Press Release – 13.06.2009



A rankling sense of injustice tortures the 28 families who lost 59 relatives in a fire in Uphaar cinema during the matinee show on the first day of the release of Hindi movie, Border, on Friday, June 13, 1997.

The past 12 years have been an excruciating legal battle for the Association of Victims of the Uphaar Tragedy (AVUT). In December 2008, the Hon’ble High Court, despite holding theatre owners Sushil Ansal and Gopal Ansal responsible for the following crucial decisions which had direct link with the death of 59 patrons, reduced their sentence to mere one year:

(1) The decision to install a DVB transformer contrary to sanctioned plan and without the permission or approval of the licensing authority and MCD;


(2) Absence of fire safety measures within the transformer room,again contrary to regulations;


(3) The Structural deviations in the cinema hall;


(4) Use of several portions of the cinema hall for commercial purposes;


(5) Negligent management of parking;


(6) The decisions taken to completely shut the right side gangway in the balcony, that reduced the number of gangways, correspondingly increase the seats and also crucially blocked the right exit;


(7) Failure to ensure proper supervision within the cinema at the time of the show, contrary to the mandate of DCR 1953 and DCR 1981;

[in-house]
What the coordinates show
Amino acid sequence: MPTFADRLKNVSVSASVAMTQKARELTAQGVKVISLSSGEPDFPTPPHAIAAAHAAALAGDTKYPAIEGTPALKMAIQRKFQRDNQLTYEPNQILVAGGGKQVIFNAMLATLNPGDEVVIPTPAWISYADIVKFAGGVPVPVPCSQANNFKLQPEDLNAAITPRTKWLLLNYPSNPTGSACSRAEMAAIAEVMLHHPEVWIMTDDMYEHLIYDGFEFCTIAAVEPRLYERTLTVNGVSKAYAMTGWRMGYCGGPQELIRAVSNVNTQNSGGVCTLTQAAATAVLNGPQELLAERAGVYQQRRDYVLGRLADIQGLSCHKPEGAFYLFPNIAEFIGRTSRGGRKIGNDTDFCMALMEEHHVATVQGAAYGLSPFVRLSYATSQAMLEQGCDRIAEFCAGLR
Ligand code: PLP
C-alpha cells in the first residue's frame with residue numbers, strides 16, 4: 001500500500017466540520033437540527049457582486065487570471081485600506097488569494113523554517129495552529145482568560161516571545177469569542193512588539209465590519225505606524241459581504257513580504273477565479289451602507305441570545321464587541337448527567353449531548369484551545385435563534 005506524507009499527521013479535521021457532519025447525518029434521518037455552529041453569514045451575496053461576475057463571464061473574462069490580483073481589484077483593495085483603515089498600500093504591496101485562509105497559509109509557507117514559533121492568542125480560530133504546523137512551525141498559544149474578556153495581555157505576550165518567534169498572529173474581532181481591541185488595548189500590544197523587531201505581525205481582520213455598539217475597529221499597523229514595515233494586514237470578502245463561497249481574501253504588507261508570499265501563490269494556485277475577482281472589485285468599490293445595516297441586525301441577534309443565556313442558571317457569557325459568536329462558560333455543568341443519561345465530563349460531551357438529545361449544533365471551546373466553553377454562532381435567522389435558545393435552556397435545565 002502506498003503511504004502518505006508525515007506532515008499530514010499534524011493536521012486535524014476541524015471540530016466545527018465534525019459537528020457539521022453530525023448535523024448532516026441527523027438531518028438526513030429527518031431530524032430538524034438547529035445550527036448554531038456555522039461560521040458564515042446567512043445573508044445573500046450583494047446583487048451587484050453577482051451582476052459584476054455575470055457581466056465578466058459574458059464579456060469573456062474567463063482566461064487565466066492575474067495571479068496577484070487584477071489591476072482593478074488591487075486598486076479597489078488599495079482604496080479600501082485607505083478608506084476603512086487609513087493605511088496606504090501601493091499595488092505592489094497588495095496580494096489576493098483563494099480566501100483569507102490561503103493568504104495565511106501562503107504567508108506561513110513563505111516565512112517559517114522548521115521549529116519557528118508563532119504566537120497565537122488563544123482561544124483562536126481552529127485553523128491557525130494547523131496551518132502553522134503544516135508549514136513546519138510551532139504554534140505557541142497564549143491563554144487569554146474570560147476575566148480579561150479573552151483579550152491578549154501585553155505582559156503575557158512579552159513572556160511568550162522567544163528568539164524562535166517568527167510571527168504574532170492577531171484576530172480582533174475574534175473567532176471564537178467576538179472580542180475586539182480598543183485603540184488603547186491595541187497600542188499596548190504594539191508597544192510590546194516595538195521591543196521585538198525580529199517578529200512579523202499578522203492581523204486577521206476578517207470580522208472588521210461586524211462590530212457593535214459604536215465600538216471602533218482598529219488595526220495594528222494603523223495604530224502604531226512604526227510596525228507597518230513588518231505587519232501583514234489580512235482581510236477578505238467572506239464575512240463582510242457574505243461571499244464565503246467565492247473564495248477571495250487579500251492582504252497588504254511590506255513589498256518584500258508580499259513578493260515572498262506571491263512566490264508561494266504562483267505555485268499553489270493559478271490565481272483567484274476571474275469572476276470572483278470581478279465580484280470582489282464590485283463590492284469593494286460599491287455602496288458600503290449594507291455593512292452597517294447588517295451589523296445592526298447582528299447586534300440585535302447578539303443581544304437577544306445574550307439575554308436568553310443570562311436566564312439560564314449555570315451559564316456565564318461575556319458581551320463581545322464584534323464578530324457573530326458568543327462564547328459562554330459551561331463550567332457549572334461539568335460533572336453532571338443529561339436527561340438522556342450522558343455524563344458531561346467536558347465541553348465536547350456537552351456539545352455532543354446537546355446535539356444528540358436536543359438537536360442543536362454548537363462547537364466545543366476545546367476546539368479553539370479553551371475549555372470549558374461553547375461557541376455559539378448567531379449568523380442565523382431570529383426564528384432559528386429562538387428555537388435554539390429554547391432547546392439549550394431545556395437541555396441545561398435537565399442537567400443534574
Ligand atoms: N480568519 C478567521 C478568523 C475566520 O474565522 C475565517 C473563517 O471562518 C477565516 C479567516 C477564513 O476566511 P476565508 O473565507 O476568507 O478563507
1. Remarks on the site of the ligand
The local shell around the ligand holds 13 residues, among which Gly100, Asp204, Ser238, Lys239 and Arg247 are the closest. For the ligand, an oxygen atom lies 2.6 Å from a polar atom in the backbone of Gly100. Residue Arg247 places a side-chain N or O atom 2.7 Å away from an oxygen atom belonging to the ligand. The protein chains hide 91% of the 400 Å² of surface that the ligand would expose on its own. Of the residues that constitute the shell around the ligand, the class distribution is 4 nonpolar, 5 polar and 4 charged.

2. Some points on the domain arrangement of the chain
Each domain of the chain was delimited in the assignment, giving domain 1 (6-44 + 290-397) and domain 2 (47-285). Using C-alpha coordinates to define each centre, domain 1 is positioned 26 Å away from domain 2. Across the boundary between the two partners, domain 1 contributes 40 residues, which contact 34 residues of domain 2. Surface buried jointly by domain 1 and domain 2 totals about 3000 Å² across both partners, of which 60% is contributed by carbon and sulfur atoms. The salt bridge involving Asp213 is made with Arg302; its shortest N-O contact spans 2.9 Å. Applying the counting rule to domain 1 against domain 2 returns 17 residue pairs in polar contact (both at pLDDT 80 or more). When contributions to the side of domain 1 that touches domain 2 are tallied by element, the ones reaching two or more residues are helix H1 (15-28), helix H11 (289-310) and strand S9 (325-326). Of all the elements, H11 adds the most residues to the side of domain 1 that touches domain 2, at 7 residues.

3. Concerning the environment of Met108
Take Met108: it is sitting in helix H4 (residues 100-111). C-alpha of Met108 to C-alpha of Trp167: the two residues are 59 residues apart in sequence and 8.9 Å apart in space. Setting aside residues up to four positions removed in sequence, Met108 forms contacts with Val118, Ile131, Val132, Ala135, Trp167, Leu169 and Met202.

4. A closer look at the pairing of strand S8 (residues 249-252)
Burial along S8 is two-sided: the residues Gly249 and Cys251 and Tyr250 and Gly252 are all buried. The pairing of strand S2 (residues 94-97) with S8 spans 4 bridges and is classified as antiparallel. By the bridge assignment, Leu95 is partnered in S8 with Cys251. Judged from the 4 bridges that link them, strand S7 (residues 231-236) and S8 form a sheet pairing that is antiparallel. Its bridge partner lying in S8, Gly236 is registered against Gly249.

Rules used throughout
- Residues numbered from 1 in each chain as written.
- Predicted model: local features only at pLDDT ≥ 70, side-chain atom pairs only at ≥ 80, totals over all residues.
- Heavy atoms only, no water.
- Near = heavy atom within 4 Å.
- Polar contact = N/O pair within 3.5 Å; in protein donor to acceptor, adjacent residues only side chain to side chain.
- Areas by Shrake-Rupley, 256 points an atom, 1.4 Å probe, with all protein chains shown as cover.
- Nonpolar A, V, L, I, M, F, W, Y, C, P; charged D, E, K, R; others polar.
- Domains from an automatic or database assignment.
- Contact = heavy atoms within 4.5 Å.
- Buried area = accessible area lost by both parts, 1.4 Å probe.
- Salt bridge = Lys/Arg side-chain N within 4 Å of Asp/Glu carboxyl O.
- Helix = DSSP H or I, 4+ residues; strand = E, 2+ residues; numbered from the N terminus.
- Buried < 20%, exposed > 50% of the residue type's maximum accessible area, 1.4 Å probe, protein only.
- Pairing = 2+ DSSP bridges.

(8) Failure to ensure functioning fire safety equipment that would have warned the patrons to leave the cinema hall immediately upon the outbreak of fire or an emergency and also facilitate their escape through proper lighting; were directly attributable to the  owners and occupiers of this cinema hall.

The verdict to reduce the sentence smacks of tokenism and has further traumatized and victimized us when we realize that the people responsible for the tragedy have been let off with a mere one year sentence because both are of “advanced age, have no previous criminal record and are educated, respectable members of the society”. The families of the deceased have resolved that they will continue their fight for justice.

We take this opportunity to remind people that no verdict or sentence can bring back to life our dear ones, who were so cruelly snatched away from us. The outcome of this case will, in fact, impact public safety and we hope that in future, public spaces in the country will become safer.

It is with the utmost pain that we have come to realize that for our policy-makers and decision-makers, victims have no role in the criminal justice system. Policy-makers are very concerned about the reform, rehabilitation & rights of the accused but victims who have suffered at the hands of the accused are totally neglected.

While the death toll differs, there is one common thread that runs through each of the tragedies that have rocked the nation in the last quarter of a century – all of them have been man made. The offenders of such crimes are often booked for causing death due to rash and negligent acts, which is a bailable offence. In this grim scenario, incidents of such catastrophic magnitude are bound to recur since there is no legal deterrent that can instill fear in the minds of those who willfully or casually inflict harm. The need of the hour is to have appropriate legislation to tackle such man made tragedies and put in place appropriate judicial mechanisms that offenders to think twice before indulging in acts of omission and commission that can endanger human life



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